Whitetails Unlimited president Jeff Schinkten of Algoma said the organization encourages hunters to test venison from counties affected by CWD.
“The risk is low, but with more testing maybe we can learn more about it,” Schinkten said. He said he’ll hunt with his granddaughter on Saturday in Door County where the disease hasn’t been found.
“We’re living in the good old days,” Schinkten said. “If they tell me there’s CWD prevalent in my county, I would get it tested.”
In southern Iowa County, Miles Narveson lives and hunts a short distance from the center of the Wisconsin outbreak where 30 percent to 40 percent of the herd is believed infected, but he doesn’t test the venison he eats.
“The risk is very small,” said Narveson, who serves on the Conservation Congress in the county. “It’s probably riskier me walking down the hill and slipping on the snow.”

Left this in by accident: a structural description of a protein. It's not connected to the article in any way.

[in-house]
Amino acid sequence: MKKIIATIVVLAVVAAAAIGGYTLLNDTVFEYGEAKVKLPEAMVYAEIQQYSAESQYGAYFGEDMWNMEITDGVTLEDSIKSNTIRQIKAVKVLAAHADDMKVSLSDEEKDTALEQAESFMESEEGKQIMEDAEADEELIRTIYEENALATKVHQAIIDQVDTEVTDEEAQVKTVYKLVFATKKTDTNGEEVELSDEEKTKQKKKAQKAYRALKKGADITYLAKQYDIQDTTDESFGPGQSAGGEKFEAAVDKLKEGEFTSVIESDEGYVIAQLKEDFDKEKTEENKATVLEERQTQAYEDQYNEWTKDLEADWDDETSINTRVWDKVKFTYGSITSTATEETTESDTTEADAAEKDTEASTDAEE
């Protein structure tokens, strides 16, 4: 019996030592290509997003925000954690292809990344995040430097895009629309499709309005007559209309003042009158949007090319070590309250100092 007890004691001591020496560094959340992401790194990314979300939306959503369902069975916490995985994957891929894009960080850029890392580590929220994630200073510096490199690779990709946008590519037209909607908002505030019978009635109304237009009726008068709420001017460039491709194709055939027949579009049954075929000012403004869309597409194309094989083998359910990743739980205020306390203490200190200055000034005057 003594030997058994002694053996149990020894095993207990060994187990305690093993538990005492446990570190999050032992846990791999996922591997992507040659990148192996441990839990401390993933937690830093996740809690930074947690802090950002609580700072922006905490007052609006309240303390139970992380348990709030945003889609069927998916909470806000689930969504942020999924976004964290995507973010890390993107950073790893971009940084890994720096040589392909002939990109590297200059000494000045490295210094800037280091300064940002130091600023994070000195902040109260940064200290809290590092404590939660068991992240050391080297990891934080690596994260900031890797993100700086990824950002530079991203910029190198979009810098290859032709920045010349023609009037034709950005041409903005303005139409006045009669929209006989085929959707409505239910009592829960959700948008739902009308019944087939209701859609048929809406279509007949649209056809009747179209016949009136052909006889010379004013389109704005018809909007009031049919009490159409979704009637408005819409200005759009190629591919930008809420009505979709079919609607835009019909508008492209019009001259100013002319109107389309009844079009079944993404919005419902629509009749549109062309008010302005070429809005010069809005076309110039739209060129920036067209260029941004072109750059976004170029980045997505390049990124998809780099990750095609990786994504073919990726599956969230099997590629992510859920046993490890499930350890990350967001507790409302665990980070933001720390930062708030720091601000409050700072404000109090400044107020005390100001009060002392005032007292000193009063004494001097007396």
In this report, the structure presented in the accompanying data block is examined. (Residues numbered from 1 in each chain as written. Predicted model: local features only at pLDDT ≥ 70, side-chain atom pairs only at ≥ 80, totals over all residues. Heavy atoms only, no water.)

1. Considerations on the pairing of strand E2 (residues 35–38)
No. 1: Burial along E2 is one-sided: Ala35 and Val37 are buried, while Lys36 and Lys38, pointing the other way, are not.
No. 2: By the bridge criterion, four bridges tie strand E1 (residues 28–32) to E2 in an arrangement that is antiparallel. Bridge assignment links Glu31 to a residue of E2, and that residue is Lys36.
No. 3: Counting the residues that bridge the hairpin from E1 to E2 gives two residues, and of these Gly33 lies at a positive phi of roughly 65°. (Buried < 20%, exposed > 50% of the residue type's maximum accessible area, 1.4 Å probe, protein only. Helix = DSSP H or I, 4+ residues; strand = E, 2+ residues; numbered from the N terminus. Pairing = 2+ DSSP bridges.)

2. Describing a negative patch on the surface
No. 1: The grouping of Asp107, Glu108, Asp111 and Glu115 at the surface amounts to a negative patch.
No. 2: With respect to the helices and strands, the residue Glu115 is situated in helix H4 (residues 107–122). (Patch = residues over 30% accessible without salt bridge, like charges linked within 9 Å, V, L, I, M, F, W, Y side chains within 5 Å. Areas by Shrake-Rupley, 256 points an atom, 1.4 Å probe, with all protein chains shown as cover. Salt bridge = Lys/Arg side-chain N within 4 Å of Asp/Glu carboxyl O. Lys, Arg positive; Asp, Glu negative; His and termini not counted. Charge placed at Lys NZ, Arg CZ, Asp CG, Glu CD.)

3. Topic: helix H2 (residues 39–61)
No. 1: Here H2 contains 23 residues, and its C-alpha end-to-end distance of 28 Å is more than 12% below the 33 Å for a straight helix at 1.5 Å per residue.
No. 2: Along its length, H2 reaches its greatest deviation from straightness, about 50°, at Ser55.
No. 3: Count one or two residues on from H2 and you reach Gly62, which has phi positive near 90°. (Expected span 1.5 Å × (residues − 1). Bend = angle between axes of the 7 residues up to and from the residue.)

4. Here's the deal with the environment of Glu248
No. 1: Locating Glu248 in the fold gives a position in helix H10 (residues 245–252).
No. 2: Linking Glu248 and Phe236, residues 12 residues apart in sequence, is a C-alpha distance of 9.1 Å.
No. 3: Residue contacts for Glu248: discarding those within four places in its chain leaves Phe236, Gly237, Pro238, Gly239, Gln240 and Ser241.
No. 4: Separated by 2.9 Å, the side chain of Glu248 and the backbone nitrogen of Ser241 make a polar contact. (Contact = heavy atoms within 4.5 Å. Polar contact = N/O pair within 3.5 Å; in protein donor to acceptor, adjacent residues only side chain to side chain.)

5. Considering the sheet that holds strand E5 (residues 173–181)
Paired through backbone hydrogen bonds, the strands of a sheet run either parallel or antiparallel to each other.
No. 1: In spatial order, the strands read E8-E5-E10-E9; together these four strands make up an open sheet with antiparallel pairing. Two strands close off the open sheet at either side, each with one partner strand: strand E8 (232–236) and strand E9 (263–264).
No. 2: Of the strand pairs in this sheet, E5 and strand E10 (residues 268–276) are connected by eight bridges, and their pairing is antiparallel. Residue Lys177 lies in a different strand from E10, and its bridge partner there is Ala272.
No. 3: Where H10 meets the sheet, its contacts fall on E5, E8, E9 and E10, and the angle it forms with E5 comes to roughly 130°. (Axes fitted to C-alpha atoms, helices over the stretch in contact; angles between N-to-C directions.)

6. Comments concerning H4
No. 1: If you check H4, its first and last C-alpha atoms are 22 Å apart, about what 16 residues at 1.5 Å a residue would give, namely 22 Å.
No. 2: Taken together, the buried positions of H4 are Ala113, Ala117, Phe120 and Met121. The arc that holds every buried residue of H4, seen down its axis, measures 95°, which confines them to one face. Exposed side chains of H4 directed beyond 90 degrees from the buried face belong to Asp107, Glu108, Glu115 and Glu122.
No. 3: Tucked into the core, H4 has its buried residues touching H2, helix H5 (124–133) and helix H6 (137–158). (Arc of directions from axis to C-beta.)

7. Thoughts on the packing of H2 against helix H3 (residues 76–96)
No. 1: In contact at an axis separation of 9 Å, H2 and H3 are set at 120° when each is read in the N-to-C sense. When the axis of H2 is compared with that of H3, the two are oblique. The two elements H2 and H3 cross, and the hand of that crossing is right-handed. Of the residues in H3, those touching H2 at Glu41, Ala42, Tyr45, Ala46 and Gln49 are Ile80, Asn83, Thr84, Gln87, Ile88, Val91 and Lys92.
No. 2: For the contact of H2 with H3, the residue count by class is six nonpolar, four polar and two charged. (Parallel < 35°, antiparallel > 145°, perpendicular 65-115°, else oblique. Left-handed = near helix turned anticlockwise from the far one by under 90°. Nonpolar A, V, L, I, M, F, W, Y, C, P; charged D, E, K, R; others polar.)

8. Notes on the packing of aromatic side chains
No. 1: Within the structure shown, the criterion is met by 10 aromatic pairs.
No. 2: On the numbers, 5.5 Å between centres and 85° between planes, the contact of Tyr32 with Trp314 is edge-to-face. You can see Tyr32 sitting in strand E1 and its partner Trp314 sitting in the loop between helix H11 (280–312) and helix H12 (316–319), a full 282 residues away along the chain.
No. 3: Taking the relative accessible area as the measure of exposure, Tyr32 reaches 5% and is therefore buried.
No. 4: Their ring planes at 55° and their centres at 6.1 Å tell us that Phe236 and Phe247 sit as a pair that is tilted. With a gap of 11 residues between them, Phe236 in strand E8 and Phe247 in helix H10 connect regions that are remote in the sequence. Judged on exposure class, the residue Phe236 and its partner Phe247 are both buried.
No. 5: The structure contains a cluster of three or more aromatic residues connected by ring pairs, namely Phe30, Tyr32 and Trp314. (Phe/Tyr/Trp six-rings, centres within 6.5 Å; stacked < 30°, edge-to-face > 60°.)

Narveson said he suspects most hunters he knows would test a deer if it looked sick.
To the southeast in central Green County, Kenneth Risley said he tests as a precaution even though there have been no cases in his area, away from the Iowa County and Dane County borders.
Risley said he is aware of research showing that prions can linger indefinitely in soil, animal scat or urine, and in plants. A crow could pick at the carcass of an infected deer, and then fly miles before depositing the disease in a new place, Risley said.
Risley is chairman of the County Deer Advisory Council in Green County, but he said he wasn’t speaking on behalf of the group. The councils were set up to advise the DNR on deer hunting.